The cobbling together of such a variety of disparate ideas, even though they should be kinda cool to watch (and, truthfully, each fantasy segment in and of itself is pretty awesome from a pure action-oriented perspective, and typically Snyder-stylized) ends up diluting the end result, because the jarring juxtaposition of images, the often confusing “is this reality or fantasy” question I kept asking myself, and the genuinely nasty slant with which Snyder takes this film work against each other. It’s a case of more is less, as it were. Visually, the film is redolent of Snyder’s exacting vision, his razor sharp imagery and depth of field, and makes massive use of the CGI technology he’s come to embrace since 300, yet the story doesn’t work to pull it all together. All the glorious fantasy carnage in the world can’t stop me thinking that while this is happening, in the “real world” these girls are having experiences similar to I Spit On Your Grave. DOP Larry Fong, who’s worked on all Snyder’s live-action films bar Dawn Of The Dead, sees his work buried under a hyper-stylized color grading style that blurs the lines between possible and the impossible – this film has been tinkered with until most of it resembles a cutscene from a computer game.

Ya wanna do another take? Seriously? We just blew all our budget on this explosion!

Come to think of it, the entire film plays like a cutscene from a computer game, a game we can’t play or even buy, and this ruins a lot of the goodwill Snyder had going into making his Superman film. The score, also buried underneath a pounding symphony of re-badged pop classics (the film opens with a rendition of the Eurythmics’ Sweet Dreams, sung by lead actress Emily Browning, and goes from there), thanks to Moulin Rouge maestro Marius De Vries, and regular Snyder cohort Tyler Bates, was a continuous assault of my senses by the never-ending mood-killer of a soundtrack and ended up giving me aural fatigue. Much of the film’s sound and fury style ended up just sounding furious, and I think I just blanked out a lot of it in the end to save my mind from exploding. Editing, by Hollywood legend William Hoy (he chopped Watchmen, 300, Outbreak, We Were Soldiers, worked on Dances With Wolves and cut his teeth on the Kevin Costner flick No Way Out) is again superb, particularly the gargantuan fantasy action sequences, although I think he struggled to gain traction in the more dramatic, human moments of the film. Snyder can’t do human emotion, I’ve figured, at least not real human emotion in any case. Stylized human emotion is fine (300 is a great testament to that) but when it comes time for people to latch onto these characters he brings us, we often find there’s nothing there worth attaching to.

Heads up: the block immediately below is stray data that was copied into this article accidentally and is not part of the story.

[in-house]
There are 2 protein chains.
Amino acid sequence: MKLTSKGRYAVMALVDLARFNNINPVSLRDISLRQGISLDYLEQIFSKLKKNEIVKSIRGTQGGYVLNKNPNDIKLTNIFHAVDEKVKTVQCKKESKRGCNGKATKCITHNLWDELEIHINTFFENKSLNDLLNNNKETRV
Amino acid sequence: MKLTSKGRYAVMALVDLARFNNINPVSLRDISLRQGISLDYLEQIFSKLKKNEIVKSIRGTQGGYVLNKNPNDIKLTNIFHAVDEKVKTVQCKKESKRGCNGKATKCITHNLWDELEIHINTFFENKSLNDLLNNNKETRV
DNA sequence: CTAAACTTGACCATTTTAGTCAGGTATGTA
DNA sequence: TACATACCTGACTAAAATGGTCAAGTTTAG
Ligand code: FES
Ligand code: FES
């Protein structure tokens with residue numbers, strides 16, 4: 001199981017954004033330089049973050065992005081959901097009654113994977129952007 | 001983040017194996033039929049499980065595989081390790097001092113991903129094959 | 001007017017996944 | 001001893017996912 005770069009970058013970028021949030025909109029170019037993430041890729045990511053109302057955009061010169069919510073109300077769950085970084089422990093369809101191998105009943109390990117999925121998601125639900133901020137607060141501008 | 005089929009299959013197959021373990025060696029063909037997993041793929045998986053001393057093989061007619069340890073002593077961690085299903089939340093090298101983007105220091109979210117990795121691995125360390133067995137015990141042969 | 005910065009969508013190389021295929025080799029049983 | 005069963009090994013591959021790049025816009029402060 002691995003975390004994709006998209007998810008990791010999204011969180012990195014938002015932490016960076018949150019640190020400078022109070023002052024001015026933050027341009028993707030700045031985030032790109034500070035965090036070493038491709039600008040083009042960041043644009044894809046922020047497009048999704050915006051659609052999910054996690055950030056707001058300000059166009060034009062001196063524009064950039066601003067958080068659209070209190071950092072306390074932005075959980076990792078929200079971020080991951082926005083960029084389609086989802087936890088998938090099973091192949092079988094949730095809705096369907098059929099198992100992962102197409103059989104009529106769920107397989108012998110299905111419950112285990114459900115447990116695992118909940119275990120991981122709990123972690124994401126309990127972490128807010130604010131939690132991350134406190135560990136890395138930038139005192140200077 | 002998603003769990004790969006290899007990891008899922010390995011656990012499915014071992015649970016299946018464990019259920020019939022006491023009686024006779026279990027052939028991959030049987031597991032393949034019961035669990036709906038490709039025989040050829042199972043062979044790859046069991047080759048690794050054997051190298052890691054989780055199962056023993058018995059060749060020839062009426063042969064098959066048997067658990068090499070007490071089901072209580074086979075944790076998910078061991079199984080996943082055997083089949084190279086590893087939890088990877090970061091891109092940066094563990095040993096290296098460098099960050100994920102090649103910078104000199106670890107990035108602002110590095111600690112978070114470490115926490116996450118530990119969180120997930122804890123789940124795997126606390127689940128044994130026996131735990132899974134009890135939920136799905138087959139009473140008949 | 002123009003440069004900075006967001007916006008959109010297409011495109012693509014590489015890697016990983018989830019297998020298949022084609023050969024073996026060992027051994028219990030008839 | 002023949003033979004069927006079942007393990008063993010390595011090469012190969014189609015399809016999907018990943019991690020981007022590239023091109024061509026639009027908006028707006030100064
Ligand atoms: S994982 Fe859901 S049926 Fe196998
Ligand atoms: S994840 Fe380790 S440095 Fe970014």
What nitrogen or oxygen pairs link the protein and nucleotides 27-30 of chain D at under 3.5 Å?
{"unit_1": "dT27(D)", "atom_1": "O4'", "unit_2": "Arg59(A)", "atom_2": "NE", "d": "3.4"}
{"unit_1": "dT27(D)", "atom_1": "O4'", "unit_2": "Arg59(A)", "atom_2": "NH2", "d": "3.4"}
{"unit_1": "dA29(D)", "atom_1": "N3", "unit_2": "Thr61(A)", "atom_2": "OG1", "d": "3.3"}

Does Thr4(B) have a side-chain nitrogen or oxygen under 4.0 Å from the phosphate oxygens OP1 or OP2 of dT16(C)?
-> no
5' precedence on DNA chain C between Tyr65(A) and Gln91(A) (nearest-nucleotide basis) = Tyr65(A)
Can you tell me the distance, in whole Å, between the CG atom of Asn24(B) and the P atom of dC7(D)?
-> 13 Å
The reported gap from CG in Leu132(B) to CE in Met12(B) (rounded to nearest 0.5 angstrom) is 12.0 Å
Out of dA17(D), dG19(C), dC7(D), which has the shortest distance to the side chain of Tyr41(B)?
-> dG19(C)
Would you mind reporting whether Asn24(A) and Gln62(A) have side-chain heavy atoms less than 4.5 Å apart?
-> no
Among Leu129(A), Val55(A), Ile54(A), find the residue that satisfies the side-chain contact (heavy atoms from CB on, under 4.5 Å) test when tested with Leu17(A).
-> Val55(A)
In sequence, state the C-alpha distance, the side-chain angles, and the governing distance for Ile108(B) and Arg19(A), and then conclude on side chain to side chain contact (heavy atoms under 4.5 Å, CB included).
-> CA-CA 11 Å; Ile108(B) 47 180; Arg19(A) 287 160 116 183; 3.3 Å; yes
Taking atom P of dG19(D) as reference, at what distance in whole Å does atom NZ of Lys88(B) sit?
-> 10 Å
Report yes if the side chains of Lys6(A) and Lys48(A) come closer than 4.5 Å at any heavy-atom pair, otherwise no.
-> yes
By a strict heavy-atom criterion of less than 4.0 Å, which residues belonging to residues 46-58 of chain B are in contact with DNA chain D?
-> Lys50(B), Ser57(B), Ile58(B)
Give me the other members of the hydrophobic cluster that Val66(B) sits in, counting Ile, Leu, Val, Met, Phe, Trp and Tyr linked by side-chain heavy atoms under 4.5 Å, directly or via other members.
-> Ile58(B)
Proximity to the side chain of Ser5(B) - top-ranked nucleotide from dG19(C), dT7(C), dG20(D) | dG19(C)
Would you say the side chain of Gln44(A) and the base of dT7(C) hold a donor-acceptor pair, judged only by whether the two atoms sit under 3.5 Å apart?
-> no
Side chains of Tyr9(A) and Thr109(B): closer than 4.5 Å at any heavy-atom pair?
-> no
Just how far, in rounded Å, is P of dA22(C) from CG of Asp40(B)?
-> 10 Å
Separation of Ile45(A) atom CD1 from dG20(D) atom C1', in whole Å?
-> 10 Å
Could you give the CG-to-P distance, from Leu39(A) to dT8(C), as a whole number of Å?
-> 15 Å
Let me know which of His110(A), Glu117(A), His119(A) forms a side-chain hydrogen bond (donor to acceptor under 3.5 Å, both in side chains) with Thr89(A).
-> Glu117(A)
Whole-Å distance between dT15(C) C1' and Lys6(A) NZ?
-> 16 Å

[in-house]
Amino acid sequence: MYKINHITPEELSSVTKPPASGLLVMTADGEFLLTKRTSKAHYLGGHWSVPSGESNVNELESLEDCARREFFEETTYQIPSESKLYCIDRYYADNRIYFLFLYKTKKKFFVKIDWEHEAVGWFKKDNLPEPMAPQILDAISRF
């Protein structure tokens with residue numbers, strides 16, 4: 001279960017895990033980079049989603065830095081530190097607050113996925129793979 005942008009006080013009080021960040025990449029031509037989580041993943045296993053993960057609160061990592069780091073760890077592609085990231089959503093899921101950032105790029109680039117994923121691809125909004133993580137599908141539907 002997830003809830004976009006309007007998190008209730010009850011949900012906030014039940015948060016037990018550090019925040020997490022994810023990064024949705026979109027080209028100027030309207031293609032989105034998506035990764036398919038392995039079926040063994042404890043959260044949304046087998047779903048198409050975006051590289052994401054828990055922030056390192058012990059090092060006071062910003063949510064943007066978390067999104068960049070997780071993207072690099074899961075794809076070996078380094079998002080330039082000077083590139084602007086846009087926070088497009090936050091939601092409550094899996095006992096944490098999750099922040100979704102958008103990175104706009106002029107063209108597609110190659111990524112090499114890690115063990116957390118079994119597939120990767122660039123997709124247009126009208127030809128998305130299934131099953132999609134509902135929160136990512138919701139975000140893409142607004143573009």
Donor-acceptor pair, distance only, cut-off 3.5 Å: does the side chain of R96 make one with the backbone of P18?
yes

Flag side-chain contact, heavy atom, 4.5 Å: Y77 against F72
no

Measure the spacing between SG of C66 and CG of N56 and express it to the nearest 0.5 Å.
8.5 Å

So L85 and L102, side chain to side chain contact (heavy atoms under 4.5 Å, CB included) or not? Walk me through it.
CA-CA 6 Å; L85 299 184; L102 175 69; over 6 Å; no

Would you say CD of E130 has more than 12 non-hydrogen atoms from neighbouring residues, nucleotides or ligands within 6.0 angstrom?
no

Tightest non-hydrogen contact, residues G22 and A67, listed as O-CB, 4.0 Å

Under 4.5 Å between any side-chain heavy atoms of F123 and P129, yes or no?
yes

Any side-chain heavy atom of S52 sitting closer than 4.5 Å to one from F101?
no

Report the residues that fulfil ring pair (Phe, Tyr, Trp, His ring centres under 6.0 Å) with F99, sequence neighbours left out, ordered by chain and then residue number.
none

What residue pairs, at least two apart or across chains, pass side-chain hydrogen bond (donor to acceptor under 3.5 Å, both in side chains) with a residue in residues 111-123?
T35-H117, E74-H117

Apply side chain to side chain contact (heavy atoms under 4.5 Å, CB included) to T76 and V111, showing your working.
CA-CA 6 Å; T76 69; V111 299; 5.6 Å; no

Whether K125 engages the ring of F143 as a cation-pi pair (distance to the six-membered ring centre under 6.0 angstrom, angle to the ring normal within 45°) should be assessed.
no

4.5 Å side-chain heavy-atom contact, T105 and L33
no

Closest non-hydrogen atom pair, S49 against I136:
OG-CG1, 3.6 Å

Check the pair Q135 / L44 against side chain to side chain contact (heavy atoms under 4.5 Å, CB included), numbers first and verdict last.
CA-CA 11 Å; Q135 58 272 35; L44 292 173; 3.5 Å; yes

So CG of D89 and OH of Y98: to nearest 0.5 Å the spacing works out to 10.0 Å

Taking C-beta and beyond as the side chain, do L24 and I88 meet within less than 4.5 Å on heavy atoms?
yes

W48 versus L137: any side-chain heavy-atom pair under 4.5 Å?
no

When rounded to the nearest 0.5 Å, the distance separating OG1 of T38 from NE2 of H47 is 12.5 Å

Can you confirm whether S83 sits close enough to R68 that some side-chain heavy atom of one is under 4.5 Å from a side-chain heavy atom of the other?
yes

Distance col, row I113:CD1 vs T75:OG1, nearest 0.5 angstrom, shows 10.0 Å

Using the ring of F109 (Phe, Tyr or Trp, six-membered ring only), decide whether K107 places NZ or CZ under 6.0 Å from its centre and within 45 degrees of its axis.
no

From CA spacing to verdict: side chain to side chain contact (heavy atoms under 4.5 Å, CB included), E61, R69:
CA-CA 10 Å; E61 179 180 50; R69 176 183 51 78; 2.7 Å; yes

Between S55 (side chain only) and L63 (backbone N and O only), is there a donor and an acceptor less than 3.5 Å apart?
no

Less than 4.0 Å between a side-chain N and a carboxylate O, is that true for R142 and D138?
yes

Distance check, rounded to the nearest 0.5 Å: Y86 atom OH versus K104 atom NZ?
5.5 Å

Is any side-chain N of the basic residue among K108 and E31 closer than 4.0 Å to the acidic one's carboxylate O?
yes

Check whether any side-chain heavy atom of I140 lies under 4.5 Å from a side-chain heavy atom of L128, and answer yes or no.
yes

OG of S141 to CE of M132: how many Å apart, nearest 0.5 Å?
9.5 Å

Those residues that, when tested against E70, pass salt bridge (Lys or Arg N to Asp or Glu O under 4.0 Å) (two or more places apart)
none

Oh dear God, you’ve signed up for a sequel?

Sucker Punch is an emotionally empty, vitriolic, nasty, grimy piece of PG-rated torture porn, filled with moments of genuinely horrifying themes and even more horrifying characters. I did so go into this with a wide open mind, and lower than normal expectations (hey, the stuff I’d read on this film prior to viewing had some effect on me, you know!) and I have to say, those expectations weren’t met. They were, in the sense that I agree with the masses in stating that this film is pretty shitty, but my expectations of Snyder as a filmmaker led me to think I’d get more than this. Sucker Punch isn’t a good film – it’s not unwatchable, it’s just that I can’t imagine anybody finding any pleasure in the actual watching of it.